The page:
Within it’s exploration of hereditary traits, The Call of the Wild makes it’s audience analyse the way we make decisions. While discussing Buck’s newfound wild instincts London comments that they are inherited, “the memories of ancestors become habits.” Humans make decisions primarily based on what they believe will be most beneficial for them; however, we may be subconsciously influenced by the actions of our forebears. More visibly, we are heavily impacted by our parents as we have learnt through their examples, following their footsteps and therefore, their memories become our habits. Another scene vividly describes Buck’s memory of early humans around a fire and describes the man as, “one who lives in perpetual fear of things seen and unseen.” While Buck has not developed and still sits in that same position around the fire, humans changed into what we are today. While dogs are ruled by their heredity, humanity may overcome their ancestral instincts to grow as a people. Hereditary instincts helped Buck adapt to the wild a place his species had inhabited before him but humanities environment is constantly changing; therefore, the qualities we inherit may be more of a hindrance than desirable. If no-one was innovative and took risks, we would not have the majority of technological and social advances that humanity has made. Through The Call of the Wild, the audience was led to a enlightening awareness of outside influences and how they impact our decision making.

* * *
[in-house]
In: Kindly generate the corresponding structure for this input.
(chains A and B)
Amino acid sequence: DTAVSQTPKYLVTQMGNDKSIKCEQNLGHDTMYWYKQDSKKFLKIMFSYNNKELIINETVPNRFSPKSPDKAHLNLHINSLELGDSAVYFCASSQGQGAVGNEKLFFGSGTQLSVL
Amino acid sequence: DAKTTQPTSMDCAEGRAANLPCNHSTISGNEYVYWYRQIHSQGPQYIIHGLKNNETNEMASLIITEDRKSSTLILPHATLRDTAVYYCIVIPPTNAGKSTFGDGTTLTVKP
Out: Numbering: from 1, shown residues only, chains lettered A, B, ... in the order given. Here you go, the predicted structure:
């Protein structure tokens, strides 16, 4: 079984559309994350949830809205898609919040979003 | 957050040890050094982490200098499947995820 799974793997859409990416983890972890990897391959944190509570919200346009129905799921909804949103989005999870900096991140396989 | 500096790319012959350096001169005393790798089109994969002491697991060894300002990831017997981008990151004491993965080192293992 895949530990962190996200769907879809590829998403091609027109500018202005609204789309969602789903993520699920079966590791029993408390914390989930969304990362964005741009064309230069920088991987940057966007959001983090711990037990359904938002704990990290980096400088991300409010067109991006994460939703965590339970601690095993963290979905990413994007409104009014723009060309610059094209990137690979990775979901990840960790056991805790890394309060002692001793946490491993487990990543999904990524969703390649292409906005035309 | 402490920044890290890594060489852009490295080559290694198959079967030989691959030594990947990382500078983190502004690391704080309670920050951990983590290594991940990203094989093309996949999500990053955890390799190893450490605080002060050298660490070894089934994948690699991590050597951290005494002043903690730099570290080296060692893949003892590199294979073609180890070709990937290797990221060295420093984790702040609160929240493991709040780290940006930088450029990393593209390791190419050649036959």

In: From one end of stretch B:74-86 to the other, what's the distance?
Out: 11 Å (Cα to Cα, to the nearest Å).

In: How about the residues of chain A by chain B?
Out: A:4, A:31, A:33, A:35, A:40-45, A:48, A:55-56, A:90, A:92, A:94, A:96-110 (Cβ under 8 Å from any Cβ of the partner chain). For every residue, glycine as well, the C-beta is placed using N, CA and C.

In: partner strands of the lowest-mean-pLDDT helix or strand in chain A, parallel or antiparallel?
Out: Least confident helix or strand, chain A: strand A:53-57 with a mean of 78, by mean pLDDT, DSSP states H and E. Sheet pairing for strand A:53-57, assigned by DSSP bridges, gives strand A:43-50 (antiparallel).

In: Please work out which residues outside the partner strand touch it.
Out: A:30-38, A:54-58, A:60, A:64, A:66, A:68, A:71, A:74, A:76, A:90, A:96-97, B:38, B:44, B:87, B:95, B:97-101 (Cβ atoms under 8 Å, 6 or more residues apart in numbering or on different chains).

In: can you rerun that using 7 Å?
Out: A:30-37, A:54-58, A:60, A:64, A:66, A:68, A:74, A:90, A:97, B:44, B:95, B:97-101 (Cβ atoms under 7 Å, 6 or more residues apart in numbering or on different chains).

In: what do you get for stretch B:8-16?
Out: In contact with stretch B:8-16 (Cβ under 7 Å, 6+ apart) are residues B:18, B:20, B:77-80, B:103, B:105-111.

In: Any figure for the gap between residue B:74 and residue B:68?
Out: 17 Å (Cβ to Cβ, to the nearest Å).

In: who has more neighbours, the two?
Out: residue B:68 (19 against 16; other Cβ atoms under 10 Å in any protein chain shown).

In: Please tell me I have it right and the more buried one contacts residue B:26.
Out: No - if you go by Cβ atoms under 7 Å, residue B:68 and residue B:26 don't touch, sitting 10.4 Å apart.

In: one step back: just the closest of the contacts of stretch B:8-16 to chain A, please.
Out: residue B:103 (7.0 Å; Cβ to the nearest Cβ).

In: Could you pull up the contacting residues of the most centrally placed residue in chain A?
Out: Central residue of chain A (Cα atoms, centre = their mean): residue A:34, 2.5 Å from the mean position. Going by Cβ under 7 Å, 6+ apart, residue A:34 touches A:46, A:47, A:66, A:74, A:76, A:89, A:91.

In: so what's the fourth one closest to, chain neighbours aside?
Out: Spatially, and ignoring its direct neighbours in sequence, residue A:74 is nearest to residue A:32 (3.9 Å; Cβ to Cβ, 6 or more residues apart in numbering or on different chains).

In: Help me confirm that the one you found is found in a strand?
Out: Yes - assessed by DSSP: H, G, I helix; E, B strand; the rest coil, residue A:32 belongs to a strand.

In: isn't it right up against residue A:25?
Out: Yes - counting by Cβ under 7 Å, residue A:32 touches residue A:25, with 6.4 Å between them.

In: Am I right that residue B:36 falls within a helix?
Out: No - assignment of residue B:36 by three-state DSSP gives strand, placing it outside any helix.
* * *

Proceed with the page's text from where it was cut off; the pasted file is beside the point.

The Call of the Wild leads to a renewed mindset on literature and its application to life through it’s presentation of ideas. London has written from a unique perspective which allows the reader to decide their position on controversial topics in today’s society and has also allowed us to analyse everyday choices in view of the future.
Despite Greek philosophy not having an accurate meaning of “free will”, it can be either considered good or bad. The act of having “free will” generally comes from what you […]
Introduction A theme of the descent into madness is developed both in Emily Dickenson’s “I Felt a Funeral in my Brain” and in Charlotte Gilman’s “The Yellow Wallpaper. Each story […]
As evidenced by its continued appearance throughout the works of Ralph Waldo Emerson and William James, the language of finance served as a particularly useful wellspring for examples and terminology […]
When different literary works are examined similarities and differences are noticeable. This remains true in The Odyssey by Homer and The Tragedy of Macbeth by William Shakespeare. The Odyssey’s main […]
This report analyses the case study about “Augusta National Golf Club and NCWO battle for admitting female membership”. Mainly, this report will examine and identify the communication traits and flaws […]
The huge allusion in the book has to be freedom. Freedom is something that Jim obviously wants and Huck, a white boy who is not raised correctly, wants to get […]
Luke is the longest Gospel that emphasizes Jesus’ care and love for everyone including those whom the Jewish leaders did not notice. Jesus does not straightforwardly tell divine, profound truths. […]
Pride carries a broad variety of connotation among differing people. Pride can represent someone’s whole self worth or simply be another set of syllables in the English language. Pride may […]
Another person who is tormented from isolation is Curley’s wife. She is tormented from a different kind of isolation caused by her husband. All the workers at the ranch are […]
The Call of the Wild by Jack London clearly demonstrates how literature allows us to travel in unexpected directions by pursuing thought processes which would not occur in everyday life. […]